Sandblasting Process on Denim and Its Health Hazards

Sandblasting Process on Denim:
Sandblasting is a process by which the denim (jeans) surface is abraded using sand containing silica. This process imparts a ‘worn-out’ look to the denim.

Sandblasting is a modern technique applied to the specific portions of the indigo-dyed denim apparel using special types of sands that do not cause problems associated with stone washing. The sandblast fading process is popular in the industry for achieving a worn vintage effect in denim fabric.

sandblasting process on denim
Fig: Sandblasting process on denim

Sandblasting involves blasting an abrasive material in a granular, powdered or other form through a nozzle at very high speed and pressure onto specific areas of the garment’s surface to give a desired distressed, abraded and used look.

As the name implies, sandblasting creates light wash denim patterns by blasting areas of the fabric with sand or other abrasive materials at high velocity. The result is a subtle fade across the front and back of the pants leg.

Sandblasting is a mechanical process that creates localized abrasion or color changes on the denim garment. The process involves blasting an abrasive material in granular, powdered form at a very high speed and pressure through a nozzle onto certain areas of the garment such as knees and elbows. The garment treated surface results in a distressed, abraded and used look. Common blasting materials used are sand and metal granules.

Before sandblasting the garment is first subjected to a stone wash to the desired degree of washing. It is then sandblasted.

A solution of sodium hypochlorite or PP is often sprayed in the desired area of the garment to obtain the same look. The garment is then neutralized, rinsed, softened and dried. Sandblasting is a water-free process; therefore no drying is required.

Health Hazards of Sandblasting:
Sandblasting is a mechanical finish which uses sand containing silica. The minute silica dust spreads in air and poses serious respiratory disease such as silicosis. Sandblasting removes dark indigo pigmentation from a garment that is usually made of denim, giving it a popular preworn look. The process involves smoothing, shaping and cleaning a hard surface by forcing abrasive particles across that surface at high speeds using special types of sands. These are sprayed onto selected parts of the garments at high pressures through air compressors to remove color from the areas to create the desired design.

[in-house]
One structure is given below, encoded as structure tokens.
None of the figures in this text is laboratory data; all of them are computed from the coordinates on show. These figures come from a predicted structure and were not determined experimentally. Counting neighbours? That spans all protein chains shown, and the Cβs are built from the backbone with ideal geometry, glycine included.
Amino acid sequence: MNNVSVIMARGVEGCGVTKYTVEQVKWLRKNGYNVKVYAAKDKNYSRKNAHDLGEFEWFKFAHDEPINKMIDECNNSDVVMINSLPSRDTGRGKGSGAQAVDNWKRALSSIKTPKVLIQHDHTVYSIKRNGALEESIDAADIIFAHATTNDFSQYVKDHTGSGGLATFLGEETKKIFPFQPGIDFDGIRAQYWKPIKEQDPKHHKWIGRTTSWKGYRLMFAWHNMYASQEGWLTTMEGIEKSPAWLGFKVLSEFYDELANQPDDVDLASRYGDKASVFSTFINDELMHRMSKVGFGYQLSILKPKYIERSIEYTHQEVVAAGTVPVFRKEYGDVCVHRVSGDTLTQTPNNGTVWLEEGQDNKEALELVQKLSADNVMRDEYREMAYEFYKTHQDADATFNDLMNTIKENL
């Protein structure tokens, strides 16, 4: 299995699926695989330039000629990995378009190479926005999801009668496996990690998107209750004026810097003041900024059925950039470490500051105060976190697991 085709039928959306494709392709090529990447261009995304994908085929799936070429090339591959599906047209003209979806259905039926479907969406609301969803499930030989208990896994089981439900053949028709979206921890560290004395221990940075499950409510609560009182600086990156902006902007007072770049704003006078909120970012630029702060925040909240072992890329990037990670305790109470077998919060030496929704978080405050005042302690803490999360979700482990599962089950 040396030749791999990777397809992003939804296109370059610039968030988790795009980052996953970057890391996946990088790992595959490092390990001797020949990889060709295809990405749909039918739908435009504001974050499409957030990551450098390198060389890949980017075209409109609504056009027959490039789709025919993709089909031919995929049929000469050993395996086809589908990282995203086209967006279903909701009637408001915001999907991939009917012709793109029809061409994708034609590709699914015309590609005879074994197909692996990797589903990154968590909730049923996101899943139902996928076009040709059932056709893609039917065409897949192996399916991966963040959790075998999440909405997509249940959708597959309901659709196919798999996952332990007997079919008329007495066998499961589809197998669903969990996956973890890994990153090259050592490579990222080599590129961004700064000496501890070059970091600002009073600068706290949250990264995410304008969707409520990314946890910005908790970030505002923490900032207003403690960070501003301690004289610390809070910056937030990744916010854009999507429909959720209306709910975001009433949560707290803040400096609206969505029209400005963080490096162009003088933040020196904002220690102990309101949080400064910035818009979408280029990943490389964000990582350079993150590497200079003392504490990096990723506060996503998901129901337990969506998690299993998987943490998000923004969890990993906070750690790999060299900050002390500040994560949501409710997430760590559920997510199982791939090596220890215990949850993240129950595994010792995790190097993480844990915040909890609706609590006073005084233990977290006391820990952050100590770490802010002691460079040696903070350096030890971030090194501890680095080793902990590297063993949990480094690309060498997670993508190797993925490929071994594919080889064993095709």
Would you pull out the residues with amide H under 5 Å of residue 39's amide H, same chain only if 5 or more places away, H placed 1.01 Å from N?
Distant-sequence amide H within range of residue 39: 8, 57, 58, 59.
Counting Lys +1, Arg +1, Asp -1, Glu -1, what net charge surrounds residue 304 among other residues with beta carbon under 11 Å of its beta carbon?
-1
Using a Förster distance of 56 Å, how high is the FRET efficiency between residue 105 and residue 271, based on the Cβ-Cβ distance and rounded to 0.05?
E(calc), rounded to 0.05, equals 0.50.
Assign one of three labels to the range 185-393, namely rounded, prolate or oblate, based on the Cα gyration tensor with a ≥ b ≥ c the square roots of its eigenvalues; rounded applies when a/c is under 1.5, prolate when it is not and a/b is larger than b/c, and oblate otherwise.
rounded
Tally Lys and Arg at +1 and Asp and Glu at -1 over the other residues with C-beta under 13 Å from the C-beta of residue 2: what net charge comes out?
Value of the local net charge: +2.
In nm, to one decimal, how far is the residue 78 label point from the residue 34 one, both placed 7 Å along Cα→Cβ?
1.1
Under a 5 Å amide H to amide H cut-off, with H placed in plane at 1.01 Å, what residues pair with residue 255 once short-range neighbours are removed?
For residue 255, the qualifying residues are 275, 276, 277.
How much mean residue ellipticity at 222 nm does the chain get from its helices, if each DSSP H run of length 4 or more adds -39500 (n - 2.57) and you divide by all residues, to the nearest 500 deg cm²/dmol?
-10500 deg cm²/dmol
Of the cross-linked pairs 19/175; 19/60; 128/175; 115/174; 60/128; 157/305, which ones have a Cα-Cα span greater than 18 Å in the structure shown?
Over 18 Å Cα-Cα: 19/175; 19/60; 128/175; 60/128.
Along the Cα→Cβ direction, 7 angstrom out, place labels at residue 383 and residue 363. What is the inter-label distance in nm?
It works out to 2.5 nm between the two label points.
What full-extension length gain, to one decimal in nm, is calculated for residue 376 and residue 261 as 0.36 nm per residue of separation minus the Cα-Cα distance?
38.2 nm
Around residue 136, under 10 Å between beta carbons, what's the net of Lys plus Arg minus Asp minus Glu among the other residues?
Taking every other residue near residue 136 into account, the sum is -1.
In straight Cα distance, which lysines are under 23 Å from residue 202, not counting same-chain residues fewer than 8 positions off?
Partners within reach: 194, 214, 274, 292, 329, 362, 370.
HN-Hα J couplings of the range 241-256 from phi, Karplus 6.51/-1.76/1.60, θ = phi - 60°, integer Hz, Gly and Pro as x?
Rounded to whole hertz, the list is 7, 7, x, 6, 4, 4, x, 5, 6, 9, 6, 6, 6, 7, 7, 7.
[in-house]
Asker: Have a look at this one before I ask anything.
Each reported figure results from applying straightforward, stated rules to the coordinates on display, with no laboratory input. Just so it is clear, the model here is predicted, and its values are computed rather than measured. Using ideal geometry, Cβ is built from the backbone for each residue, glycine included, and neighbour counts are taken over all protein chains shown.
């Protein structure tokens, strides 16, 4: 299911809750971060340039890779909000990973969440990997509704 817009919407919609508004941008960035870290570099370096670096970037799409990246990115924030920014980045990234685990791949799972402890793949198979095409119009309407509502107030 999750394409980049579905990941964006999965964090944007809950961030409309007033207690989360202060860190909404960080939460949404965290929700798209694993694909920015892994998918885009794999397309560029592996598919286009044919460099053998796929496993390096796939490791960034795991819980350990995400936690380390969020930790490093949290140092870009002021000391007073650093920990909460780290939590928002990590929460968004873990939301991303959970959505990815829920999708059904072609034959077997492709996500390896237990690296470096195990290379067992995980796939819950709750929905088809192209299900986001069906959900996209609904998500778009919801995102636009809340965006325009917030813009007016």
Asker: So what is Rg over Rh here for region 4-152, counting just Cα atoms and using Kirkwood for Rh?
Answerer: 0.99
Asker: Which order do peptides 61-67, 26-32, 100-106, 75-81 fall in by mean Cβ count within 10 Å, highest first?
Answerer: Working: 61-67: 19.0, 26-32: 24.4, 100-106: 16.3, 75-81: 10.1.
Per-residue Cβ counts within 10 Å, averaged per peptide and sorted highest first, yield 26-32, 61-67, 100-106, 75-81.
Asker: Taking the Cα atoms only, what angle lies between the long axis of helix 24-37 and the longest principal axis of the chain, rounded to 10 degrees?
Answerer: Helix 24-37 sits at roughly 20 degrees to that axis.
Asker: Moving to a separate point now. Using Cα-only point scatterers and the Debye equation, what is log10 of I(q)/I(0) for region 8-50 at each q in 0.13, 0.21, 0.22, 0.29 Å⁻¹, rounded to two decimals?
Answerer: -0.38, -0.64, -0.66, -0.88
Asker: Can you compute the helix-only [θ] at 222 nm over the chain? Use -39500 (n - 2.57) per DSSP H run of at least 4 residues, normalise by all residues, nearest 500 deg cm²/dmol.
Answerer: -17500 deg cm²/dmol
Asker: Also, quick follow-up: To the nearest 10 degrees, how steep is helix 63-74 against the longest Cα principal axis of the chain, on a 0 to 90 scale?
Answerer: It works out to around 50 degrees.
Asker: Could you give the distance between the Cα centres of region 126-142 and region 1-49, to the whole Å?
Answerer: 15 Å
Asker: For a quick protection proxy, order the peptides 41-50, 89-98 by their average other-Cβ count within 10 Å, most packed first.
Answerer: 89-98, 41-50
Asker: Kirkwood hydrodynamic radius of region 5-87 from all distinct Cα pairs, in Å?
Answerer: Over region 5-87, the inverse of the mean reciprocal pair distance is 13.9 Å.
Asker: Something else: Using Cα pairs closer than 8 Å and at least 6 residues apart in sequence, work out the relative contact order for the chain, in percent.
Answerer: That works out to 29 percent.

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Sandblasting may be of two types: manual and mechanical. In manual sandblasting, compressors are used to blow out sand under pressure through a gun to strike the denim fabric. This process is done in the absence of sealed blasting cabinets and ventilation, exposing operators directly to silica particles (tiny particles of blasted sand) that are released from the guns. If inhaled, this silica dust can cause severe respiratory problems in workers. In cases of intense or long-term exposure, it may even lead to the contraction of fatal diseases such as silicosis and lung cancer. Although the most common form of sandblasting is manual blasting, sandblasting can also be performed mechanically in blasting cabinets where the process is supposed to be more controlled. It was the high health risks associated with manual sand blasting process that prompted regulation of the technique in the Europe in the 1960s. Sand blasting can expose workers to extreme health hazards and can cause death within months or years of starting work as a sandblaster.

Sand blasting can cause breathing problems, coughing, sneezing, and other such problems in the short run. It can also cause weight loss and weakness. If exposed to such a working condition for long, it can cause fatal diseases including Silicosis and other incurable lung diseases. It can also lead to lung cancer.

Sandblasting using natural sand is especially problematic because workers inhale crystalline silica dust particles during production, causing serious damage to the respiratory passages. These particles are so tiny that they are invisible to the naked eye. The body is unable to expel the silica particles, causing diseases such as silicosis. The particles penetrate the pulmonary alveoli and the connective tissue, gradually impairing lung capacity and the workers’ ability to oxygenate blood. Symptoms include shortness of breath; as the disease develops, this is common even when resting. This puts additional strain on the heart, eventually leading to death. However, the progress of silicosis can be slowed if symptoms are diagnosed at an early stage.

However the report showed that mechanical sandblasting as done in Bangladesh actually continues to expose workers to silica dust. The research showed that mechanical sandblasting is largely carried out in unsealed environments with little protection for workers, who are provided with inadequate safety equipment. As a result, the use of this technique continues to expose workers to a potentially fatal risk.

After the imposition of strict regulations on sandblasting in many European countries, the clothing industry has largely outsourced production to as yet unregulated regions such as Turkey, Bangladesh and China.


  1. Denim: Manufacture, Finishing and Applications Edited by Roshan Paul
  2. Sustainability in Denim Edited by Subramanian Senthilkannan Muthu
  3. Handbook of Value Addition Processes for Fabrics By B. Purushothama

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